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Joe Weatherly transitioned from one of the great motorcycle racers to two-time NASCAR Grand Champion. See more pictures of NASCAR.

Of the men who have won the NASCAR Grand National championship, few if any were more determined than Joe Weatherly. The stubby Norfolk, Va. leadfoot succeeded in anything he tried, on two wheels or four.

Weatherly's indoctrination into the sport of speed came in motorcycle racing. After becoming one of the sport's top riders, winning the American Motorcycle Association champion­ship twice, he looked to stock cars for his livelihood. "I like having something between my head and the ground when I crash," he reasoned.

Weatherly was the NASCAR Modified cham­pion in 1953 and spent much of the '50s driving souped-up coupes in the bullrings. He dabbled a little in NASCAR Grand National competition while earning a living racing Modifieds. His first NASCAR Grand National start was in a Junie Donlavey-owned Hudson in the '52 Southern 500. Weatherly finished 16th in a field of 66.

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From that auspicious beginning, Weatherly was soon to become one of the craftiest drivers in NASCAR. As he became a polished professional, he also became a top-ranked driver in NASCAR's Convertible division, winning a dozen races and finishing among the top five in points for three consecutive years. When the ragtop division folded, Weatherly made the full-time move to the headlining NASCAR Grand Nationals.

In 1961, the 5'7", 140-pound bundle of energy hooked up with team owner Bud Moore. The new unit hit stride immediately in their Pontiac, winning their first start in Daytona's 100-mile qualifying race. Weatherly won nine races in an abbreviated 25-race schedule and finished an amazing fourth in the final points standings.

In '62, Moore was prepared to run a full schedule. Again, Weatherly won nine races and walked away with the national driving championship in his first attempt.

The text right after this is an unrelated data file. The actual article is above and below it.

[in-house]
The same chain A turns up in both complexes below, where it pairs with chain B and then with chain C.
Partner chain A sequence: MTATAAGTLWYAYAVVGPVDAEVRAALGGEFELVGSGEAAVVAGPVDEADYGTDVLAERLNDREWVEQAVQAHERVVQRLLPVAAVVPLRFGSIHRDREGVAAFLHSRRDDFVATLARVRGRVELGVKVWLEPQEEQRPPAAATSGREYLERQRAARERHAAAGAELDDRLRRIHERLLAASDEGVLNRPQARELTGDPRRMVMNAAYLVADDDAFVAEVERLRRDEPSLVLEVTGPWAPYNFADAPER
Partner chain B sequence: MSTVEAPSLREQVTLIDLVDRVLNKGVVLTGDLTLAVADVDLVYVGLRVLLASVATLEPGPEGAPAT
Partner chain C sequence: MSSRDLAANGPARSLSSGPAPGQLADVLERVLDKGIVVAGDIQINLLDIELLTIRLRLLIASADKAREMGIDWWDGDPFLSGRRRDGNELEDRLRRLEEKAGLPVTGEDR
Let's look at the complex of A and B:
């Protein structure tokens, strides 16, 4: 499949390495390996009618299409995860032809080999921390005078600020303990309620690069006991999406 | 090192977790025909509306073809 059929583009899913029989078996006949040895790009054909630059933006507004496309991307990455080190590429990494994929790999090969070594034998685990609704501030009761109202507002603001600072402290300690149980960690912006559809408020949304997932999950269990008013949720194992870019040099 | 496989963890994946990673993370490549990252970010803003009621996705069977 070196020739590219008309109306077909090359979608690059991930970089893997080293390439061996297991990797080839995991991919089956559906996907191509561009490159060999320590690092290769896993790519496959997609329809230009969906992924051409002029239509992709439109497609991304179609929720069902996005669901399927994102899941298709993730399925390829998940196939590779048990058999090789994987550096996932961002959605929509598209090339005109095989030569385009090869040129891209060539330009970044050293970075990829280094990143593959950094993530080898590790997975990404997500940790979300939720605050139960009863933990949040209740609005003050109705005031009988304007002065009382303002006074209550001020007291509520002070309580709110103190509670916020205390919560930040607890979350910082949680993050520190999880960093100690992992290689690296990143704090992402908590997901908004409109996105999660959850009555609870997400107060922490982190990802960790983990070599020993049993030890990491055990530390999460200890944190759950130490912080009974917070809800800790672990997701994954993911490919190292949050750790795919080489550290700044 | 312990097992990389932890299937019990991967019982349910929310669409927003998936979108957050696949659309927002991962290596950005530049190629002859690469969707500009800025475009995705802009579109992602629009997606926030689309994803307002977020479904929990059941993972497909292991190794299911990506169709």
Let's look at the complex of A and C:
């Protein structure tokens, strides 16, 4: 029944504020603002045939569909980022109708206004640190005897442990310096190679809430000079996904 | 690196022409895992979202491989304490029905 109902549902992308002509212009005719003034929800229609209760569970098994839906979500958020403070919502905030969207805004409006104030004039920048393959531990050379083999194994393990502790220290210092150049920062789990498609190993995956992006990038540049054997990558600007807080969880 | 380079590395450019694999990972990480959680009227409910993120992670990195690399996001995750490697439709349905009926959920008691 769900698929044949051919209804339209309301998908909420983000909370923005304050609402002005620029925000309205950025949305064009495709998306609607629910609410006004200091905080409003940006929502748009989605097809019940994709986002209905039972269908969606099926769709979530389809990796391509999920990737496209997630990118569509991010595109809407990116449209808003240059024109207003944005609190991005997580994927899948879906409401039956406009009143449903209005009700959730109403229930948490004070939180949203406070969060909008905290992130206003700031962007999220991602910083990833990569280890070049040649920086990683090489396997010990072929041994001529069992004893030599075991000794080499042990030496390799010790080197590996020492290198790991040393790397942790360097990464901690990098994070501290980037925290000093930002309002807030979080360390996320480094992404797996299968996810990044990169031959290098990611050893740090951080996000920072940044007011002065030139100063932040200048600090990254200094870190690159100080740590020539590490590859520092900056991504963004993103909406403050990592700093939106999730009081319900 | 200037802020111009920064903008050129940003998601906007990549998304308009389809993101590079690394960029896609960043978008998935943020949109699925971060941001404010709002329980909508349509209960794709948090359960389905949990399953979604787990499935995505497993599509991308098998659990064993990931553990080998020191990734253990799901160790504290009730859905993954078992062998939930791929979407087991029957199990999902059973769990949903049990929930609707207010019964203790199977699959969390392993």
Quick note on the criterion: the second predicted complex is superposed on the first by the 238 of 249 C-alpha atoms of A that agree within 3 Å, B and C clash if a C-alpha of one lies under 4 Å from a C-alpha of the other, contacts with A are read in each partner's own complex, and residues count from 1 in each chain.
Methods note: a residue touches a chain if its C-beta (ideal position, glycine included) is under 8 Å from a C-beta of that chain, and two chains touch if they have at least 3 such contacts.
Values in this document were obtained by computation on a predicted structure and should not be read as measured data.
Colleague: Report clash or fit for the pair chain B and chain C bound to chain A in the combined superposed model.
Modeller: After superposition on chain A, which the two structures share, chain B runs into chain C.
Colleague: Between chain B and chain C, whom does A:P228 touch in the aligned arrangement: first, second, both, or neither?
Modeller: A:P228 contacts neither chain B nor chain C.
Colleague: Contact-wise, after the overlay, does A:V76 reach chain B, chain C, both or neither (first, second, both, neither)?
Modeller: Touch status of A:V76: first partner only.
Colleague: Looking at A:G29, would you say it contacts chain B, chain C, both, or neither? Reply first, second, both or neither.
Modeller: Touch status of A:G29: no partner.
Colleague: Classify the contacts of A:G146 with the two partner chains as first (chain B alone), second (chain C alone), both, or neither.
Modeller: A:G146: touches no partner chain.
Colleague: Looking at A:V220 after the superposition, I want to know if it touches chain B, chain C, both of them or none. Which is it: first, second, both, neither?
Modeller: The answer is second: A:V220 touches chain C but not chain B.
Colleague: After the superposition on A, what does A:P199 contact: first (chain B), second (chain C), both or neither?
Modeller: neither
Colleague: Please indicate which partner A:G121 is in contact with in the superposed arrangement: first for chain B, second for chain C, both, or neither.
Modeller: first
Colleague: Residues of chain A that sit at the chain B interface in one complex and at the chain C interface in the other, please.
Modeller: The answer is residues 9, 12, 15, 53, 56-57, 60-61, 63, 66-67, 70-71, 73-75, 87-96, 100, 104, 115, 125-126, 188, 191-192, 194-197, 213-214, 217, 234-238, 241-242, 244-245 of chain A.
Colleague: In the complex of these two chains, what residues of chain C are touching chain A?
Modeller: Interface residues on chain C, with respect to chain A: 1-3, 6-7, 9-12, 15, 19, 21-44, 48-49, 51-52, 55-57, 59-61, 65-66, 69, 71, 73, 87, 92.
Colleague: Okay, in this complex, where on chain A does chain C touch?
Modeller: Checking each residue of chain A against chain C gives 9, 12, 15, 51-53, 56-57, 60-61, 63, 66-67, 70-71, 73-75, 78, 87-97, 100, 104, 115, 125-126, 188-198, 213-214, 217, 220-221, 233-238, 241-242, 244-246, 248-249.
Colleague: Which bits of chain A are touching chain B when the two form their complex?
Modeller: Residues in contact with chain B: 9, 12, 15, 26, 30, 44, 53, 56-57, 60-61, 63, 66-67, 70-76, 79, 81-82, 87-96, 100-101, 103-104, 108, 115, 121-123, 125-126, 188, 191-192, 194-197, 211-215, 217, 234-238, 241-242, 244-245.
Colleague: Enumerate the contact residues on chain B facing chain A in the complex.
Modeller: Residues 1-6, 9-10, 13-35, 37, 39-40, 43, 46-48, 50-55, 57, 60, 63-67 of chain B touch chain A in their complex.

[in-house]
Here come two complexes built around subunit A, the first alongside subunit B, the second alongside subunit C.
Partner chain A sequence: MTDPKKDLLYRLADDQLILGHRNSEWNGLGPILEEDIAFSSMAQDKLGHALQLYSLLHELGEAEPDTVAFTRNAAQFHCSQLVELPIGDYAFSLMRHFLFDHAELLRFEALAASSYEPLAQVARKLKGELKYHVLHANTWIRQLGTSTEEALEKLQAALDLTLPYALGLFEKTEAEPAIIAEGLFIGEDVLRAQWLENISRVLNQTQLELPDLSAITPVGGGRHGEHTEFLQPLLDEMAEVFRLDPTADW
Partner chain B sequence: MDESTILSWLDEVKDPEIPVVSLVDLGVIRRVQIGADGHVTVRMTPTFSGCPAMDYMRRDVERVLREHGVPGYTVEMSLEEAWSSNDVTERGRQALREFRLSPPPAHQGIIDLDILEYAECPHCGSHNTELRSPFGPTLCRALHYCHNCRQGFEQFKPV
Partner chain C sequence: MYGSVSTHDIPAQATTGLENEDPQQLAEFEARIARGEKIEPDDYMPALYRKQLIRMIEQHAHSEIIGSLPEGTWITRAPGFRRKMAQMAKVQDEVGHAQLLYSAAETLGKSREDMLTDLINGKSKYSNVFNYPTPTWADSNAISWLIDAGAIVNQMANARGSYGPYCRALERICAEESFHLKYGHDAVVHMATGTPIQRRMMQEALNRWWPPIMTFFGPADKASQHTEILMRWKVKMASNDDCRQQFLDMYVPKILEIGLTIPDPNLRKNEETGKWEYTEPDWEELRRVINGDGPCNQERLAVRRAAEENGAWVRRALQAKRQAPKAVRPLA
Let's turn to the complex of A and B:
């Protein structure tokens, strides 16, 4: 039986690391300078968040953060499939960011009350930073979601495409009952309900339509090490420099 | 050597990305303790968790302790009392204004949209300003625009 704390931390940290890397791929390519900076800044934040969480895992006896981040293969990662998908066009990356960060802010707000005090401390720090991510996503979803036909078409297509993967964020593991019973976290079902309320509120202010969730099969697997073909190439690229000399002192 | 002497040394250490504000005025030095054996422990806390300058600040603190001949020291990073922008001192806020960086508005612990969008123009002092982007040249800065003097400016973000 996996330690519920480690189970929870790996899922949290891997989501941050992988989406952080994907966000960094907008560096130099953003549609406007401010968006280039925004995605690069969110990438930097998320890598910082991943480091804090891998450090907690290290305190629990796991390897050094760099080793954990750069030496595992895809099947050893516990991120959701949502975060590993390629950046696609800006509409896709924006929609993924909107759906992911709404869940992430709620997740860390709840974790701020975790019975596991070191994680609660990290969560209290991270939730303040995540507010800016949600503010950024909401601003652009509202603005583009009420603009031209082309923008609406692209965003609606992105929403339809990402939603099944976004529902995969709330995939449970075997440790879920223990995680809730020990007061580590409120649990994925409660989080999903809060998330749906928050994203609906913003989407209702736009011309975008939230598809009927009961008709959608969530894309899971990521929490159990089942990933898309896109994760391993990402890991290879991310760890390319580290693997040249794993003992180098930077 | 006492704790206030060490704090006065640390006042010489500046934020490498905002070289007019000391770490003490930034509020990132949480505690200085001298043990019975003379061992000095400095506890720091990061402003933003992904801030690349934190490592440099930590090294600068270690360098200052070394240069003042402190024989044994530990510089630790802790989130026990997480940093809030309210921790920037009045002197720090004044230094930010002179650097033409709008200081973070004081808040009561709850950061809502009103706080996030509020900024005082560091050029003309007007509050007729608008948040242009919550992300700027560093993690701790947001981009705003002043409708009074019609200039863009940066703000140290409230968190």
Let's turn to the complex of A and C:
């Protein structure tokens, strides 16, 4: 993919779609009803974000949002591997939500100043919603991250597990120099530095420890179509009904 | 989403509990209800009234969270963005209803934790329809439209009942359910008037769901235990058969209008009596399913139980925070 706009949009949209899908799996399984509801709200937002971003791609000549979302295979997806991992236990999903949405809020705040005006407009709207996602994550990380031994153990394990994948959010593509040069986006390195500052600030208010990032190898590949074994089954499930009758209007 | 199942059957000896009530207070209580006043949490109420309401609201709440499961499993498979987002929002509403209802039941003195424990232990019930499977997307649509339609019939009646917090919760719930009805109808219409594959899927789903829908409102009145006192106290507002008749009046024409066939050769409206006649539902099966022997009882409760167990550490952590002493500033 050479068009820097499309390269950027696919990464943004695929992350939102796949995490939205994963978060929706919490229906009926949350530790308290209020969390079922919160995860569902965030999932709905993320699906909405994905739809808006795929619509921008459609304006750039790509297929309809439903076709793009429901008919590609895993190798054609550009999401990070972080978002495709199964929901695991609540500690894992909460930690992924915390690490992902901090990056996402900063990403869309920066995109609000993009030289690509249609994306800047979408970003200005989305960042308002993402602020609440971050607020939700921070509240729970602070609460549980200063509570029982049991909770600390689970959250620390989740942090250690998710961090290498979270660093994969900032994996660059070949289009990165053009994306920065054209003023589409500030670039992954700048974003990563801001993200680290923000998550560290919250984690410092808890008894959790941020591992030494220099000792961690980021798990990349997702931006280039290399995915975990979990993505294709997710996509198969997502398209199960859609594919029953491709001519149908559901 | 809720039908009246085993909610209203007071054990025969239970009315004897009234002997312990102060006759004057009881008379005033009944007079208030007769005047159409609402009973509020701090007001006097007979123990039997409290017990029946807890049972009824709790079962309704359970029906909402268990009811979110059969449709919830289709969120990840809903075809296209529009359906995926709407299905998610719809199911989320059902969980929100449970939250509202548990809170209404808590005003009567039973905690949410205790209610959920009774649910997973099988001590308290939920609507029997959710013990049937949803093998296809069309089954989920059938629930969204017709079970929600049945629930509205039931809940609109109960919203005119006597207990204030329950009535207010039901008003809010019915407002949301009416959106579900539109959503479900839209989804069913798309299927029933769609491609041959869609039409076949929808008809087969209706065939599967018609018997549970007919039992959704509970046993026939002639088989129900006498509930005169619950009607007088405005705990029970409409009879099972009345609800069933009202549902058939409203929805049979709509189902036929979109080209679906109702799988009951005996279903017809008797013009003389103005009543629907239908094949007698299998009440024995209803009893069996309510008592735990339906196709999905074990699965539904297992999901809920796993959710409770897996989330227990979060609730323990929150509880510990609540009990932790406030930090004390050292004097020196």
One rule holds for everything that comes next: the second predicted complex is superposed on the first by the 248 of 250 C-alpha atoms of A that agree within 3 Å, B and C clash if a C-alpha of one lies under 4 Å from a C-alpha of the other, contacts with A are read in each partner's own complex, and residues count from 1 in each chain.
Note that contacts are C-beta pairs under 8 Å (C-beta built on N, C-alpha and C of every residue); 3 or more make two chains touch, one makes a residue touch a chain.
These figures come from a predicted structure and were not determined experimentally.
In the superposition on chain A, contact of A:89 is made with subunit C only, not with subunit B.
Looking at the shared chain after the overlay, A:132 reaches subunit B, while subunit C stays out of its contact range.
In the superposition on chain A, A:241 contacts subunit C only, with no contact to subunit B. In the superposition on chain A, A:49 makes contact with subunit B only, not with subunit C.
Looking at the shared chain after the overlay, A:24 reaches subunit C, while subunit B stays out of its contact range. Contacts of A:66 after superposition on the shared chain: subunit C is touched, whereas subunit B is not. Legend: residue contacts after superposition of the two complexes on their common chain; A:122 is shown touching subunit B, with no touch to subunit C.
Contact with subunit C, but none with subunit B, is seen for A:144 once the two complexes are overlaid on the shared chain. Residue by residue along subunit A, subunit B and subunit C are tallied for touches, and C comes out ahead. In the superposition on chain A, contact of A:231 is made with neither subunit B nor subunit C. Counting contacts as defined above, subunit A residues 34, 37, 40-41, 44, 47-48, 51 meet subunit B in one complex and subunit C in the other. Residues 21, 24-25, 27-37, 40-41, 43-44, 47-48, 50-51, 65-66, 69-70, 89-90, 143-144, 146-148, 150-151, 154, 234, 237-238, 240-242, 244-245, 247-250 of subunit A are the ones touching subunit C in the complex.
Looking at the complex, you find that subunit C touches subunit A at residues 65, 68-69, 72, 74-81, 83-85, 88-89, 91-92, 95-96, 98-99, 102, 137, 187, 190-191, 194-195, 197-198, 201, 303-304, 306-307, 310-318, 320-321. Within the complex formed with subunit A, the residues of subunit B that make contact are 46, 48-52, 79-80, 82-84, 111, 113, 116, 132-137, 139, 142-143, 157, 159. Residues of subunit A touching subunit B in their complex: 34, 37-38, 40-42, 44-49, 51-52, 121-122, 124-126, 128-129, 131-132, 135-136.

When General Motors sliced its racing budget in 1963, Moore was forced to cut back his schedule and forsake the 100-milers on short tracks to concentrate on the big-money superspeedway events. Without a ride for the short tracks, the gritty Weatherly improvised. He spent hours on the phone trying to line up a ride, talking back-markers out of their cars so he could drive for points.

Weatherly had to "hitchhike" his way into the starting lineup in 18 races. He drove equipment far below the ­potential of a champion, but quitting wasn't an option. "Sometimes I would get in a car that I knew couldn't win," said Weatherly. "But I did the best I could and tried to take it easy on the fellow's equipment."

During the course of the season, Weatherly drove for nine different teams, piloting five different makes of cars. Some of the owners who helped Weatherly with a ride included Cliff Stewart, Wade Mounts, Major Melton, Fred Harb, and Pete Stewart, not exactly top-of-the-line NASCAR icons. But Weatherly drove his heart out and, incredibly, won the 1963 championship, beating young Richard Petty in a duel that went down to the final race at Riverside on Nov. 3.

Weatherly took the role of a modest champion. "My luck was better than Richard's," he said. "I had greater luck, rather than greater skill. In the first place, I was lucky to get rides when I needed them. Lots of guys in racing helped me. I don't know how to thank each and every one for their help. I tried to split up the money so they would all be satisfied."

Weatherly started the 1964 NASCAR Grand National campaign with consistent finishes and was once again leading the standings when the tour headed for Riverside, Calif., in January for the fifth race of the season.

Mechanical problems forced him into the pits early and he lost countless laps while repairs were being made. He was back on the track trying to gather as many points as possible when, on his 232rd mile, he crashed in the "esses" on the twisting road course. As the left front of his Mercury tagged the concrete wall, Weatherly's head flopped out the window and struck the wall. He died instantly.

Weatherly wasn't wearing a shoulder harness in his fatal crash, as NASCAR had yet to make them mandatory. "The thing I fear the most is fire," he once said. "If my car catches on fire, I can get out a lot quicker if I only have my lap belt to unfasten."

The racing fraternity mourned the loss of its two-time NASCAR Grand National champion. During his NASCAR career, Weatherly won 25 races in 230 starts. Only twice did he run the full schedule, and both times he wore the championship crown.

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